The Local newsletter is your free, daily guide to life in Colorado. For locals, by locals. Sign up today!
Senate President Joan Fitz-Gerald today announced that she was resigning her seat in the state senate in order to focus on her campaign for congress in CO-2 (Boulder). Fitz-Gerald faces a tough three-way primary with Democrats Jared Polis and Will Shafroth in what could end up as the most expensive primary campaign in Colorado history.
Fitz-Gerald’s resignation from the senate is somewhat of a surprise, because while many observers expected her to give up her leadership position, few expected her to resign outright. The move makes a lot of sense given the difficult campaign ahead and the time she’ll need to spend as a full-time candidate, but the decision was probably something of a catch-22 for Fitz-Gerald.
Give One Year of 5280 for just $16.
On the one hand, it would be difficult to run as a congressional candidate while spending long days in the state legislature from January-May; other candidates have done it before, but few have faced the same kind of primary challenge that looms for Fitz-Gerald. Both Polis and Shafroth are raising tons of money, and while Fitz-Gerald is bringing in plenty of cash herself, she wouldn’t be able to raise money while the legislature is in session; rules prohibit legislators from raising money during the session in order to (theoretically, at least) limit the influence of lobbyists.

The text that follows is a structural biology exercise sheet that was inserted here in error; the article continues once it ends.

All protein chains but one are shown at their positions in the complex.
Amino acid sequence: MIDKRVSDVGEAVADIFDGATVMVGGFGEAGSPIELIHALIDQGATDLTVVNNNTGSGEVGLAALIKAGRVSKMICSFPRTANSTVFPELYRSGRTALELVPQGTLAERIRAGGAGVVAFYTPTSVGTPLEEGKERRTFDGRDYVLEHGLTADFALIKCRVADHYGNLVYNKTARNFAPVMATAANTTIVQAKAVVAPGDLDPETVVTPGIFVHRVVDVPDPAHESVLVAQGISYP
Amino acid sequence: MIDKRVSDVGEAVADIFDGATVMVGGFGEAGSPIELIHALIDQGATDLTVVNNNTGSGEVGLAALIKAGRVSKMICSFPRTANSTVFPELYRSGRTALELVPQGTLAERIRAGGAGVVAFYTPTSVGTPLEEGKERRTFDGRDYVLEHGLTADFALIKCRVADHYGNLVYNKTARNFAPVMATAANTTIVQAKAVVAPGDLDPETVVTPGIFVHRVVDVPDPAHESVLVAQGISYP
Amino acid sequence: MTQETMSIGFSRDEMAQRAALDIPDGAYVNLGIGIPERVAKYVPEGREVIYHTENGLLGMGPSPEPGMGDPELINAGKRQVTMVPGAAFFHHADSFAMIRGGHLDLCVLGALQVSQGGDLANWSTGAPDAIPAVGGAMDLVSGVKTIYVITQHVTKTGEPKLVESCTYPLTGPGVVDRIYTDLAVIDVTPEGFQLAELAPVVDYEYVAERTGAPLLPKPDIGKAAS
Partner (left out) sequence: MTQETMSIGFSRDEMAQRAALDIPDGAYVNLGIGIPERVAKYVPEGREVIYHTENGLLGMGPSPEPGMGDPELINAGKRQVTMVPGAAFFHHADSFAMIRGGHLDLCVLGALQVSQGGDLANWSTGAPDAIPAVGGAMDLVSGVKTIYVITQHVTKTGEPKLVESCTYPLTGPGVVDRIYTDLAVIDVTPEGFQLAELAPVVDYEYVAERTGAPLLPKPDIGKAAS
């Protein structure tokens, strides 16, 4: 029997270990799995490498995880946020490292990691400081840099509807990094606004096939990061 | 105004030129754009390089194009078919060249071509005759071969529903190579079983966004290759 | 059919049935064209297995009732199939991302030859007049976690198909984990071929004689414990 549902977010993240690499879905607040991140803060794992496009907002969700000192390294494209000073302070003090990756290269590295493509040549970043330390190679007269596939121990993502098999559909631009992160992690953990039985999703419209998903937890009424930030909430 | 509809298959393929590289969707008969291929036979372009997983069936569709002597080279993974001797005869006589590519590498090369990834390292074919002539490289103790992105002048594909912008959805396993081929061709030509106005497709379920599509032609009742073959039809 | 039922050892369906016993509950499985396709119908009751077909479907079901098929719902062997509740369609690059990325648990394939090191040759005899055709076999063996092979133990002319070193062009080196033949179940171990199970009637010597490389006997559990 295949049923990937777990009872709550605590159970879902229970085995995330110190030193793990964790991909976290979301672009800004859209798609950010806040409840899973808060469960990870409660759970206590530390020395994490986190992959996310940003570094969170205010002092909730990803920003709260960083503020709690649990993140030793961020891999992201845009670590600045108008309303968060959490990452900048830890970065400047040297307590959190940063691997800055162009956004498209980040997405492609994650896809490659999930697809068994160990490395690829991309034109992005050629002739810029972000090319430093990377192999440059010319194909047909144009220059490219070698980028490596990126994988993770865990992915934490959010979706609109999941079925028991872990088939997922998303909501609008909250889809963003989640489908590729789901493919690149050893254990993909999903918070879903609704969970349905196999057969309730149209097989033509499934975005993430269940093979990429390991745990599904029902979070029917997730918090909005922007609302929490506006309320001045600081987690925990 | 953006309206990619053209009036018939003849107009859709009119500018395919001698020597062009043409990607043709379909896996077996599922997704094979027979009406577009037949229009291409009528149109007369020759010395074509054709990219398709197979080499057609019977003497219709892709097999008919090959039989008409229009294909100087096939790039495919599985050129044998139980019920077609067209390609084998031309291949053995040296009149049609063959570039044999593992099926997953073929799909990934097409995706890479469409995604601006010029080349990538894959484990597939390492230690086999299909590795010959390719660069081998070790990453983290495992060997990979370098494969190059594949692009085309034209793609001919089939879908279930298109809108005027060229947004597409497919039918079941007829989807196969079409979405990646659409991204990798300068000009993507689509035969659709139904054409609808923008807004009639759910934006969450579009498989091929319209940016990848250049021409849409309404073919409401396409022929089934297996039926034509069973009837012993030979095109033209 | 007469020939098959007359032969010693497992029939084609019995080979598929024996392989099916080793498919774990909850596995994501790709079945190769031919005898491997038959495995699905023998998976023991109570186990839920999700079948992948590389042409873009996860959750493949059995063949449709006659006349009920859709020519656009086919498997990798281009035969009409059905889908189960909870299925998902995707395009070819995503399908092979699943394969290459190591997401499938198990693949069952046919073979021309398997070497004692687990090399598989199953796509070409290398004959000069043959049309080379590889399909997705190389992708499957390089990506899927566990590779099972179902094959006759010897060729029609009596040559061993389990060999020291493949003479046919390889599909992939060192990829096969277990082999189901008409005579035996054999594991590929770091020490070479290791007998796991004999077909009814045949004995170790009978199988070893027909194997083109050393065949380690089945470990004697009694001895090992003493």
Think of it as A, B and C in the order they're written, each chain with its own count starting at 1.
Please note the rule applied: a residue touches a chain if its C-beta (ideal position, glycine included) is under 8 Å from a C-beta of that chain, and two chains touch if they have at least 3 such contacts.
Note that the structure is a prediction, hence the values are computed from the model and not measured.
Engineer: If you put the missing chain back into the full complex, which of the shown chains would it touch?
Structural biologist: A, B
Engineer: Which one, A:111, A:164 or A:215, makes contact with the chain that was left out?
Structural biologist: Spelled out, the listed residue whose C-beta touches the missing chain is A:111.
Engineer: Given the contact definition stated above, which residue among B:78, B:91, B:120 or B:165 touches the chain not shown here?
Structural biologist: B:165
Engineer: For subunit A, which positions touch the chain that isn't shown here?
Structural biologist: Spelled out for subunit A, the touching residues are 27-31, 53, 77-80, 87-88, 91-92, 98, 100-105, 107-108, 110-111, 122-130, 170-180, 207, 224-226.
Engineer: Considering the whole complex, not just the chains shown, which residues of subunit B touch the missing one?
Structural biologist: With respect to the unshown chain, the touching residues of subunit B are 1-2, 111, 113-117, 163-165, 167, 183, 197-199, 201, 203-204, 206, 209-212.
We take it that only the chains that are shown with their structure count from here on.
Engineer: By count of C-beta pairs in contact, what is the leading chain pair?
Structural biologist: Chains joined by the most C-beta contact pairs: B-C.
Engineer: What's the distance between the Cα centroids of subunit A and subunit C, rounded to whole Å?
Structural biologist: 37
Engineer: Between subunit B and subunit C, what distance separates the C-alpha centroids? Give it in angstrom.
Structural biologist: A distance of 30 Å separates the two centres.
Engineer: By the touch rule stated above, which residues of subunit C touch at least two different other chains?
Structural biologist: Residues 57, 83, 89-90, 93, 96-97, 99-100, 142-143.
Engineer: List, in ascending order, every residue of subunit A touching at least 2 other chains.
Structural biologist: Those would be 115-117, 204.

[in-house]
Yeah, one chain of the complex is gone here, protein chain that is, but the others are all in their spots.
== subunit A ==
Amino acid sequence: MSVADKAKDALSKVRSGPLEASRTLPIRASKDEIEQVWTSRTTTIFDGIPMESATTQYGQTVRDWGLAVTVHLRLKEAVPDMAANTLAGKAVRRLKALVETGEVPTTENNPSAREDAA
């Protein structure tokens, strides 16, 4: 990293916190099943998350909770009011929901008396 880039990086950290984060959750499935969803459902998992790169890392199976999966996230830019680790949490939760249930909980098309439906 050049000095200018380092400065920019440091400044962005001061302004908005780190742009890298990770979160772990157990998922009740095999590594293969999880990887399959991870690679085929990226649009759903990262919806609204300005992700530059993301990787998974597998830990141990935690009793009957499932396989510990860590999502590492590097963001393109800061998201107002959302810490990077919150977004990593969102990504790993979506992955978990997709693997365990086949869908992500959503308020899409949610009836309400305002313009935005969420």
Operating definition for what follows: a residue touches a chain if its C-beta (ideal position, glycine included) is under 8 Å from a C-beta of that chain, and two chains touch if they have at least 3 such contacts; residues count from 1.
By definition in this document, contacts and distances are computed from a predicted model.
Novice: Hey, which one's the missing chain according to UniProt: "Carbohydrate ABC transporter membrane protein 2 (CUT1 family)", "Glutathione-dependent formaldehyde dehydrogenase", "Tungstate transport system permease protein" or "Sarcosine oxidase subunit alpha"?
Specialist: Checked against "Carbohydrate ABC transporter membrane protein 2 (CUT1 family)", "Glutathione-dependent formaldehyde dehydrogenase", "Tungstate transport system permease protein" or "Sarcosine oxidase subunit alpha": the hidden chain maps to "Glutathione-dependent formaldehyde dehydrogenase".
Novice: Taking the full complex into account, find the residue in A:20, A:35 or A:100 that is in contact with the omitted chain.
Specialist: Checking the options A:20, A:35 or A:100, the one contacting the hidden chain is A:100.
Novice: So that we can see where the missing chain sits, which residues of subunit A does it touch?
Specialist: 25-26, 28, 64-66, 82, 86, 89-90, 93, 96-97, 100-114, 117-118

On the other hand, Fitz-Gerald had several big advantages as Senate President. People who had business with the legislature likely felt compelled to donate to her congressional campaign because of her influence under the golden dome; that elephant is no longer in the room when Fitz-Gerald is calling around asking for money for her campaign. As Senate President, Fitz-Gerald was also guaranteed a lot of free press for the next six months, and she could have used her status to speak out on issues that were important to voters in the second congressional district.
In the end, I think Fitz-Gerald reluctantly decided to resign because of the sheer time commitment required to run such a hectic primary campaign. The fact that the caucuses in Colorado are earlier than ever before means that Fitz-Gerald has less time to prepare, and as the only long-time elected official in the race, she is expected to finish in first place at the congressional convention; a loss there would seriously damage her status as the favorite in the race, and without a full-time effort, it may be hard for her to get everything in place before then.